Gastrulation and neural induction in Xenopus. (a) Series of stages, seen at the median plane of the embryo. At the late blastula stage (top), the presumptive mesoderm (red) and endoderm (orange) form the marginal zone around the equator, and the future nervous system (green) forms the dorsal sector of the anterior (animal pole) ectoderm, the remainder of which (blue) forms epidermis. Gastrulation begins with the invagination of specialized cells at the blastopore, followed by the involution of marginal zone cells over the dorsal lip of the blastopore. The ectoderm spreads ventrally towards the posterior (vegetal) pole by epiboly whereas the mesoderm and endoderm that forms the archenteron roof converge on the dorsal midline and extend on the anteroposterior (AP) axis. The region of involution spreads from the dorsal lip posteriorly until it encircles the last remaining vegetal pole cells. Endoderm cells lie beneath the anterior end of the induced neural plate. In the two‐step model of neural induction, initial activation or neuralization involves both vertical (arrowheads) and planar (arrows) signalling from dorsal blastopore lip and involved endomesoderm. This is followed by transformation of the induced neurectoderm to a progressively more posterior character by a gradient of fibroblast growth factor or retinoic acid. The AP extent of the central nervous system, and therefore the distances over which posteriorizing signals are required to act, is extremely short at the start of gastrulation. Subsequently the neuraxis becomes elongated by the convergence–extension movements of gastrulation. (b) The organizer experiment of Mangold and Spemann (performed in the newt Triturus). The blastopore lip (red) of a donor embryo grafted to the ventral marginal region of a host embryo results in a twin embryonic axis being formed from ventral cells. The graft itself makes only a minor contribution to the secondary axis, the remainder of which is induced from the host. The nervous system of the secondary axis arises from cells whose normal fate would have been to form epidermis. Note that the secondary axis has the same orientation and polarity as the primary axis; it now appears that this is because anteroposterior polarity is established in the entire ectoderm before neural induction. (After Ruiz I and Ataba A (1998) Neural patterning: deconstructing the organizer. Nature 391: 748–749.) (c) The neural default model. The ectoderm of Xenopus contains soluble molecules such as (BMPs) that inhibit neural differentiation and promote epidermal differentiation when binding their receptors. Neural induction is thought to occur by the secretion from the organizer of molecules such as chordin, noggin and follistatin that bind and inactivate the neural inhibitory BMPs, preventing epidermal induction. The default state of the entire ectoderm is thus neural rather than, as was previously thought, epidermal. Reprinted from Weinstein DC and Hemmati‐Brivanlou A (1997) Neural induction in Xenopus laevis: evidence for the default model. Current Opinion in Neurobiology 7: 7–12. Copyright © 1997, with permission from Elsevier Science.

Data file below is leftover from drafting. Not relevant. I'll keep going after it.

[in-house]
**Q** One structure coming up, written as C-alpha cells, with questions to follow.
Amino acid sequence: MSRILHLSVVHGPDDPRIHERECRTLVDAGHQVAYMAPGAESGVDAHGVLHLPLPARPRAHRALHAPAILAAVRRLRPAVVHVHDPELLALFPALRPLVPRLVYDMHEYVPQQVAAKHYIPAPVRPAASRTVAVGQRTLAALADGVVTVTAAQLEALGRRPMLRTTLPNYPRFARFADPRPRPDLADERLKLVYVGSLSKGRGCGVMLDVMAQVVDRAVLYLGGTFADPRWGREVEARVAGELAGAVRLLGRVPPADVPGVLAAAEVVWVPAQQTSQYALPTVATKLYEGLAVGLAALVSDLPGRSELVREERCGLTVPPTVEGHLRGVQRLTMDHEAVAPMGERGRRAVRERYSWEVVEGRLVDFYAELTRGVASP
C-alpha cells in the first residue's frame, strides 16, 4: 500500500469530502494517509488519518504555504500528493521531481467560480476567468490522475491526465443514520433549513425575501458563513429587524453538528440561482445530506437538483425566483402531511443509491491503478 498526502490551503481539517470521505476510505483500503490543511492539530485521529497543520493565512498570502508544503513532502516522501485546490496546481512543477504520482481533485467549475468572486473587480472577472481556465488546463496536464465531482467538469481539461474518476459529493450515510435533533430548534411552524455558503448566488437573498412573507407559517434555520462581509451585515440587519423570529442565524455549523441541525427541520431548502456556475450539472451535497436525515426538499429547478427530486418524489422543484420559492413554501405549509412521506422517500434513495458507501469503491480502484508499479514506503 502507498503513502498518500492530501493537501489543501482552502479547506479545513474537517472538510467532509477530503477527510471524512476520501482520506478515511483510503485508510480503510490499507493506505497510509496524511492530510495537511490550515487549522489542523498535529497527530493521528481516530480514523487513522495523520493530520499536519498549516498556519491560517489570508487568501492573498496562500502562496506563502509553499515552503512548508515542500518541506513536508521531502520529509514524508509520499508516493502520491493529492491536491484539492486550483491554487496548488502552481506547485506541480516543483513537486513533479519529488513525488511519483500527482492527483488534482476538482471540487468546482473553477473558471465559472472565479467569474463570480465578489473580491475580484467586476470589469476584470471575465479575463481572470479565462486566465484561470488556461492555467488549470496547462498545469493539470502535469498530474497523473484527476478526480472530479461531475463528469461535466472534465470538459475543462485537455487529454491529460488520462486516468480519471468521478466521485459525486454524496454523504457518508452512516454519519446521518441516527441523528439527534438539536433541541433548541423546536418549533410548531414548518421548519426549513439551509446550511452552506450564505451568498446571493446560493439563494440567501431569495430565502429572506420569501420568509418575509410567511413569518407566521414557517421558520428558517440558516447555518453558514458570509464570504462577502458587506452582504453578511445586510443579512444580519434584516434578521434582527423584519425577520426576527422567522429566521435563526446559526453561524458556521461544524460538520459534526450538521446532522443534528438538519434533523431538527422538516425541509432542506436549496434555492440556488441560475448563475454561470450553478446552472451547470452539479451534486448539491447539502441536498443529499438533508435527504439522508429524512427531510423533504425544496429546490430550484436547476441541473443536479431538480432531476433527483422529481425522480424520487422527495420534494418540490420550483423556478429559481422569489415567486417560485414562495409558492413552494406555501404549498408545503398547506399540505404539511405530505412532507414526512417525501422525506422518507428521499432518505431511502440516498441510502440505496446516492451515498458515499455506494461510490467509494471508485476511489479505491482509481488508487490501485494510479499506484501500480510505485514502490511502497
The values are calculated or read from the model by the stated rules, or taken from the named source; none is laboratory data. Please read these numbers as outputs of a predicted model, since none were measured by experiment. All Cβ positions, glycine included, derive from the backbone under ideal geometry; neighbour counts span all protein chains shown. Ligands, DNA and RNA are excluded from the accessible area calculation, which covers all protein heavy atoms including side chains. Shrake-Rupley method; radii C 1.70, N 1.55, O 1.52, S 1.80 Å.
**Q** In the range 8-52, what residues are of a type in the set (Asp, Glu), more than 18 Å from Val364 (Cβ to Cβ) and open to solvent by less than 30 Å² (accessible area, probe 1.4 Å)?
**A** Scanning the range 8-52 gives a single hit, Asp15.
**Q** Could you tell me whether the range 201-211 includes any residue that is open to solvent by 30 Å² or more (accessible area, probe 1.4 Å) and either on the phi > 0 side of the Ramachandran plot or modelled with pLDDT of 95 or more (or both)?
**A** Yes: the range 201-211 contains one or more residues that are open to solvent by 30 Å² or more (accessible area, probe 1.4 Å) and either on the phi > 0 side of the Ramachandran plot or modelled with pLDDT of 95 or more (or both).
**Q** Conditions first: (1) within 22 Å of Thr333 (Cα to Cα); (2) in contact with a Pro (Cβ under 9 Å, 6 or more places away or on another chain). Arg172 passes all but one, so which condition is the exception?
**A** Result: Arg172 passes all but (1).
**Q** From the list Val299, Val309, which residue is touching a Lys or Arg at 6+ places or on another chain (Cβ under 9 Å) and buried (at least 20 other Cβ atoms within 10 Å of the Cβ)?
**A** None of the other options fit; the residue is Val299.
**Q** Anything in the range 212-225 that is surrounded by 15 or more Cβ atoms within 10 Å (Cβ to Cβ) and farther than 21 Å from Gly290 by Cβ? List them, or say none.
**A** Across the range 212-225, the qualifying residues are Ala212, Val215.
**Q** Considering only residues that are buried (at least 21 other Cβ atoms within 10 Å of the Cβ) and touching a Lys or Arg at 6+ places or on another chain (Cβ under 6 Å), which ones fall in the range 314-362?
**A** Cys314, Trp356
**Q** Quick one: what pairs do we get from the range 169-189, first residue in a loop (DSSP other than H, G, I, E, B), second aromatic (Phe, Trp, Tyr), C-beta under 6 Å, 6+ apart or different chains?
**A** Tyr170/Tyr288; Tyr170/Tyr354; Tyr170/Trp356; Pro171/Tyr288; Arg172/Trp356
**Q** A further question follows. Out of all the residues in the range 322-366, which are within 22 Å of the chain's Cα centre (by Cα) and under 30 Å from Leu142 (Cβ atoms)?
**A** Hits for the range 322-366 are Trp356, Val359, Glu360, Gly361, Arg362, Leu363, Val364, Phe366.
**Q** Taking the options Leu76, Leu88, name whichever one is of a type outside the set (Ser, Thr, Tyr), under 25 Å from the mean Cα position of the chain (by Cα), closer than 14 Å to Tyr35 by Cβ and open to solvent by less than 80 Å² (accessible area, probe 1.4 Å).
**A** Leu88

Figure 3.

Distinct activities during neural induction. Anterior of embryo to the top. (a) Neuralizing signals emanating from the axial/midline endomesoderm (notochord and prechordal endomesoderm) inhibit neural inhibitors in the overlying ectoderm. (b) Posteriorizing signals from later involuting cells or from the node induce a progressively more posterior specification state in the neurectoderm. (c) At the anterior pole a secondary signalling centre influences forebrain development.

Figure 4.

(a) At the early neural tube stage, the anteroposterior (AP) axis of the central nervous system is already subdivided into prospective regions with different potentials. A secondary signalling centre operates at the isthmus (blue) refining local AP pattern in midbrain (M) and anterior hindbrain (H). Sonic hedgehog (SHH) is expressed in the notochord (n; red) and prechordal mesoderm (pcp; orange) and also in the floor plate at the ventral midline of the tube (red). SHH expression in the ventral structures influences cell pattern in adjacent regions of the neural tube (red arrows). (b) Later in development, the cell types that differentiate in the ventral region of the neural tube as a result of SHH‐mediated induction differ according to their position along the AP axis: motor neurons (green), hindbrain serotonergic raphe neurons (rn) and midbrain dopaminergic neurons (sn) all differentiate close to the floor plate under the influence of SHH but have distinct AP positions. SHH acts on cells that have different competence to respond; this is assigned early, as an aspect of their AP position. At this stage, SHH expression spreads into the telencephalon (T) and patterns its DV axis into medial and lateral ganglionic eminences. At this stage or earlier, the mid‐diencephalic junction (zona limitans intrathalamica, zli) also has a signalling function (red arrows in diencephalon, D).